Chuanzhen reaped the benefits from both the religious and secular world as a Buddhist monk dabbling in business, and also had dubious connections with Chinese officials. This has again sparked public concern over the state of Buddhist temples that are meant to be serene and pristine.

But China’s Buddhist community has been embroiled in controversies in recent years. In 2018, the #MeToo movement against sexual abuse emerged in China, and the abbot of Beijing’s well-known Longquan Temple, former president of the Buddhist Association of China Xuecheng, was accused of brainwashing and sexually assaulting several female disciples.

People walk past the Jing'an Temple during a Covid-19 coronavirus lockdown in the Jing'an district of Shanghai, China, on 25 May 2022. (Hector Retamal/AFP)
People walk past the Jing'an Temple during a Covid-19 lockdown in the Jing'an district of Shanghai, China, on 25 May 2022. (Hector Retamal/AFP)

The whistleblowers also exposed other problems including the illegal expansion of Longquan Temple and the large amounts of temple funds unaccounted for. While officials did not confirm the sexual assault accusations, they verified that Xuecheng had indeed sent obscene messages to female monks and violated Buddhist principles.

Shaolin Temple’s Yongxin was also embroiled in numerous scandals, including soliciting prostitutes, keeping a mistress who was a Peking University student, and having an illegitimate daughter. But nothing much was done about these rumours.      

Apart from selling entrance tickets and incense, monks are also involved in various businesses. 

Commercialisation of religion

Apart from moral issues, the commercialisation of Buddhist temples has long been an open secret in China’s Buddhist community. For example, Shaolin Temple engaging in property speculation, the sacred Buddhist mountain of Putuo attempting an IPO and abbots turning into CEOs and monks livestreaming. Apart from selling entrance tickets and incense, monks are also involved in various businesses.

It is no wonder some people say that the sacred realm of Buddhism has been turned into a money-making business. Monks or pinseng (lit. poor monk, 贫僧, a humble self-address of a monk) are no longer pin, or poor.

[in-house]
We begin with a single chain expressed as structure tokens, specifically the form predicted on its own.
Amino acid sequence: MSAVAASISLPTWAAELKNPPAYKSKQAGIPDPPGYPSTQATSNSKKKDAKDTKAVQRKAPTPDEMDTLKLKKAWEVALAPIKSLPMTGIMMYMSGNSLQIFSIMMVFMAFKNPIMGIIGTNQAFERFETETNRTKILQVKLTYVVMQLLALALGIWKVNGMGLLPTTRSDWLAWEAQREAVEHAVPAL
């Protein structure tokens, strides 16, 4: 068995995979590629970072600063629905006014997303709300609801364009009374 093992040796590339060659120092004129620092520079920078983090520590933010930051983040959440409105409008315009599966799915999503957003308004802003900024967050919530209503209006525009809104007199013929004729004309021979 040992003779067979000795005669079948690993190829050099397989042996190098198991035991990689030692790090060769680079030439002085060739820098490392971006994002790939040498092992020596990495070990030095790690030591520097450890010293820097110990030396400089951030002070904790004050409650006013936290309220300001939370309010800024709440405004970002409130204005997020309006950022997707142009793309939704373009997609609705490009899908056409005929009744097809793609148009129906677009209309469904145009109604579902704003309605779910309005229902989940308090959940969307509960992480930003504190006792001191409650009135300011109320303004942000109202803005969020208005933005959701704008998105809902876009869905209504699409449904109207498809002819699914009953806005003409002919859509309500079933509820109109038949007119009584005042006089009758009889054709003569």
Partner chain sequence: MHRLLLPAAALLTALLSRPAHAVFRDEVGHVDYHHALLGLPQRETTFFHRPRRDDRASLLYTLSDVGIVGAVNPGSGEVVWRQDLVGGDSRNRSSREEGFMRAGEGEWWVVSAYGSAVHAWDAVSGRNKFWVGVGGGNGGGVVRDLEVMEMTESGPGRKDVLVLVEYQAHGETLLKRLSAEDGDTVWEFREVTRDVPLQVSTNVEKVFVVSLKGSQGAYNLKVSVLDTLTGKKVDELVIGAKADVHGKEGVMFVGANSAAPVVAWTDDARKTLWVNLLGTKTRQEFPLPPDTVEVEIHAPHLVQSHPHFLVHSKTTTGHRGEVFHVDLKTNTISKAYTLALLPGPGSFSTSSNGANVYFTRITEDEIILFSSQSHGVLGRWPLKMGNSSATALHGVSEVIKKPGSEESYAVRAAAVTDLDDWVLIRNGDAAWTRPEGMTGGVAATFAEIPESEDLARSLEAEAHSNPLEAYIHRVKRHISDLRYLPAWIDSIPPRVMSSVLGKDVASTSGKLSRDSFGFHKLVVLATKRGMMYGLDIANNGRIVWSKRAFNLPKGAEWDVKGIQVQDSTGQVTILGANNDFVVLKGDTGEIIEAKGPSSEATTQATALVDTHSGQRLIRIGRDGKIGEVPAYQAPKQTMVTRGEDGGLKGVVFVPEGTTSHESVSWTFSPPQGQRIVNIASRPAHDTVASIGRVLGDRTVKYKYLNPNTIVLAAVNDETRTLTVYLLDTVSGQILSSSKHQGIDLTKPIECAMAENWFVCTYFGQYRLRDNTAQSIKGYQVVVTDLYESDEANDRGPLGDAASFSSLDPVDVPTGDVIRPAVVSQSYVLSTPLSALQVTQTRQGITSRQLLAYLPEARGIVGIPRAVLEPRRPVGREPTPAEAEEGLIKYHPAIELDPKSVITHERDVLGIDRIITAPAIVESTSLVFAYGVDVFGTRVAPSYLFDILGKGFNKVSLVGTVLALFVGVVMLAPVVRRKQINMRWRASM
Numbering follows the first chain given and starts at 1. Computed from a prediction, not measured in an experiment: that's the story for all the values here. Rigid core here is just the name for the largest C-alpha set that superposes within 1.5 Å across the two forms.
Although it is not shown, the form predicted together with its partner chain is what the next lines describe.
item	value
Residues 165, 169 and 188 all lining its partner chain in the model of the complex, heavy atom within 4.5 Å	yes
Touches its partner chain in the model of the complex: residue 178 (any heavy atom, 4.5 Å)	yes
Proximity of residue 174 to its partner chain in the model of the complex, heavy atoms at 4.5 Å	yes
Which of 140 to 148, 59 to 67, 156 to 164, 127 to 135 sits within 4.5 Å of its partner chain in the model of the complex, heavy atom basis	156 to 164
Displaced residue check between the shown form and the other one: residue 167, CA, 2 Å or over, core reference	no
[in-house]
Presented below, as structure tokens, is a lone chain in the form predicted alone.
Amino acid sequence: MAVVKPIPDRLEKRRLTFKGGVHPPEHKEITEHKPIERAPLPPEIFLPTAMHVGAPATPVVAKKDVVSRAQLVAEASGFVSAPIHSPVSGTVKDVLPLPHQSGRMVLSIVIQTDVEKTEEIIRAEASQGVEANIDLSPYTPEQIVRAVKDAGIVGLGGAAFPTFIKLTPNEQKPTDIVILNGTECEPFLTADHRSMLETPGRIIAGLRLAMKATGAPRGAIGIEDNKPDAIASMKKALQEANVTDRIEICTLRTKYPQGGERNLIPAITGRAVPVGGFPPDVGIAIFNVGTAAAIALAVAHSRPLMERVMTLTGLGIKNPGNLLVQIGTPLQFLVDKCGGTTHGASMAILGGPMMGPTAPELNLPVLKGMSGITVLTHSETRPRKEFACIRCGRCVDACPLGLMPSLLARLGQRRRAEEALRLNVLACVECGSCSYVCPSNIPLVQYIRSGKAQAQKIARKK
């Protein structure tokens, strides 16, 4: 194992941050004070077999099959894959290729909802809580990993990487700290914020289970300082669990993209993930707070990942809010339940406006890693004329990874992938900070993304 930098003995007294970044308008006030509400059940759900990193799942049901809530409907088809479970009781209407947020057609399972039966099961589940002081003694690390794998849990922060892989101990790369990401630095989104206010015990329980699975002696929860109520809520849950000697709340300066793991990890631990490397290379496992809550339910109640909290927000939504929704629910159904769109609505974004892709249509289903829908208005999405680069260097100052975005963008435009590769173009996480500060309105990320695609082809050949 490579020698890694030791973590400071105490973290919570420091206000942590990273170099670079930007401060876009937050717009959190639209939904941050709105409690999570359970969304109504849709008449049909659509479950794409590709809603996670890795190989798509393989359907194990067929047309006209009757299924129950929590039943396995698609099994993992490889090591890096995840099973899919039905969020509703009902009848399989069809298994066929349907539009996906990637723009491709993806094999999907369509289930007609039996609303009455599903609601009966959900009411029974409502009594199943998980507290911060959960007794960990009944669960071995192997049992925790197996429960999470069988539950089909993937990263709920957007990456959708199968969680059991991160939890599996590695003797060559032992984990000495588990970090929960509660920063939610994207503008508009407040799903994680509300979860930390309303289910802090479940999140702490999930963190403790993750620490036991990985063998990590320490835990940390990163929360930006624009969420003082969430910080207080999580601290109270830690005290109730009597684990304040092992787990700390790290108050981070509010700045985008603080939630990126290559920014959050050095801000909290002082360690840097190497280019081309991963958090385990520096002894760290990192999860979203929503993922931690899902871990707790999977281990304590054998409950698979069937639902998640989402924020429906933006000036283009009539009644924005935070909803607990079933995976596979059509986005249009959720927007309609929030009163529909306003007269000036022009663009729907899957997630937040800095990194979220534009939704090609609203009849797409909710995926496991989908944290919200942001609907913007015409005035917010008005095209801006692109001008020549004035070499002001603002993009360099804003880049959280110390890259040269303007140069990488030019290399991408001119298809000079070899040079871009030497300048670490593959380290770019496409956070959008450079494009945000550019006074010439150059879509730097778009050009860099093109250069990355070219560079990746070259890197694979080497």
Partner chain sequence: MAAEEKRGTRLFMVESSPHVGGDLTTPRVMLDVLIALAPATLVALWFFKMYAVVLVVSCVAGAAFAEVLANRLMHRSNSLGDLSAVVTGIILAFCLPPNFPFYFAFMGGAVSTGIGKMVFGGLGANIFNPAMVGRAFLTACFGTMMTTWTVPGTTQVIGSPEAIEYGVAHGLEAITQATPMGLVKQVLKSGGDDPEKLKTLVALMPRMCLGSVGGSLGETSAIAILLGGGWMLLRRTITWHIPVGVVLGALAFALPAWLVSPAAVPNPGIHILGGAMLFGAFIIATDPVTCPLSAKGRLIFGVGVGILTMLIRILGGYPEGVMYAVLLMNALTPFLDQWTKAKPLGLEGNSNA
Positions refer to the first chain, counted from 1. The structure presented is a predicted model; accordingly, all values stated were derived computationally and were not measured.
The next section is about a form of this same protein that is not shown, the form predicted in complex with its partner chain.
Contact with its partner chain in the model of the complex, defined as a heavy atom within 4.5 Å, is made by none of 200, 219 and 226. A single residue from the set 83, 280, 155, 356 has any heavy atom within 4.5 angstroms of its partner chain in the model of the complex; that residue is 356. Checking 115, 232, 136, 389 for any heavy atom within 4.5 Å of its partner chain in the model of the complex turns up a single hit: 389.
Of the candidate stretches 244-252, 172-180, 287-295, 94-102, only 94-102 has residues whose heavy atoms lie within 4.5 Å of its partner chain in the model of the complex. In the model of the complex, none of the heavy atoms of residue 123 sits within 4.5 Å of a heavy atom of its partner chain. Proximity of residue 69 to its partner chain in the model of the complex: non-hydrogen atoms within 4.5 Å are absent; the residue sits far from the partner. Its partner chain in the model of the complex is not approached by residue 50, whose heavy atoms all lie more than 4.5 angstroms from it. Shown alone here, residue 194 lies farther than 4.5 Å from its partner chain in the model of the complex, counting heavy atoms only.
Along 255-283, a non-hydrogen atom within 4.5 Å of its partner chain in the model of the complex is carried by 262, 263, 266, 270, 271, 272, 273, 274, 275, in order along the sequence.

As religion needs power to thrive in China, ill-intentioned monks are happy to mingle with officials, and many temples welcome cooperation with local governments as well.

A man prays outside a closed temple during lockdown, amid the Covid-19 outbreak, in Shanghai, China, 30 May 2022. (Aly Song/Reuters)
A man prays outside a closed temple during lockdown, amid the Covid-19 outbreak, in Shanghai, China, 30 May 2022. (Aly Song/Reuters)

The commercialisation of Chinese temples is not only due to survival needs; the secularisation and utilitarianism of Buddhism in China also plays a big part. While a lack of discipline could possibly explain some temples’ weakness for commercial and monetary gains, and even their depressing moral standards and unreserved corruption, these activities are also driven by the market economy to some extent, and incited by hedonism and materialism of the entire society. The power of capital knows no bounds — Buddhist temples are not the only ones held hostage.

Under China’s unique system, religion is subordinate to power. As religion needs power to thrive in China, ill-intentioned monks are happy to mingle with officials, and many temples welcome cooperation with local governments as well.

As the Chinese saying goes, “religion is building a stage to sing an economic opera” (宗教搭台、经济唱戏) — revenue for local governments is generated through cultural and tourism services and religious activities. This explains why monks have such close relations with officials and why Chuanzhen is friends with numerous prestigious officials and dignitaries.

If monks are busy managing their businesses and engaging with officialdom, can they be without vanity and attain a state where everything is emptiness, (六根清净、四大皆空) as they preach?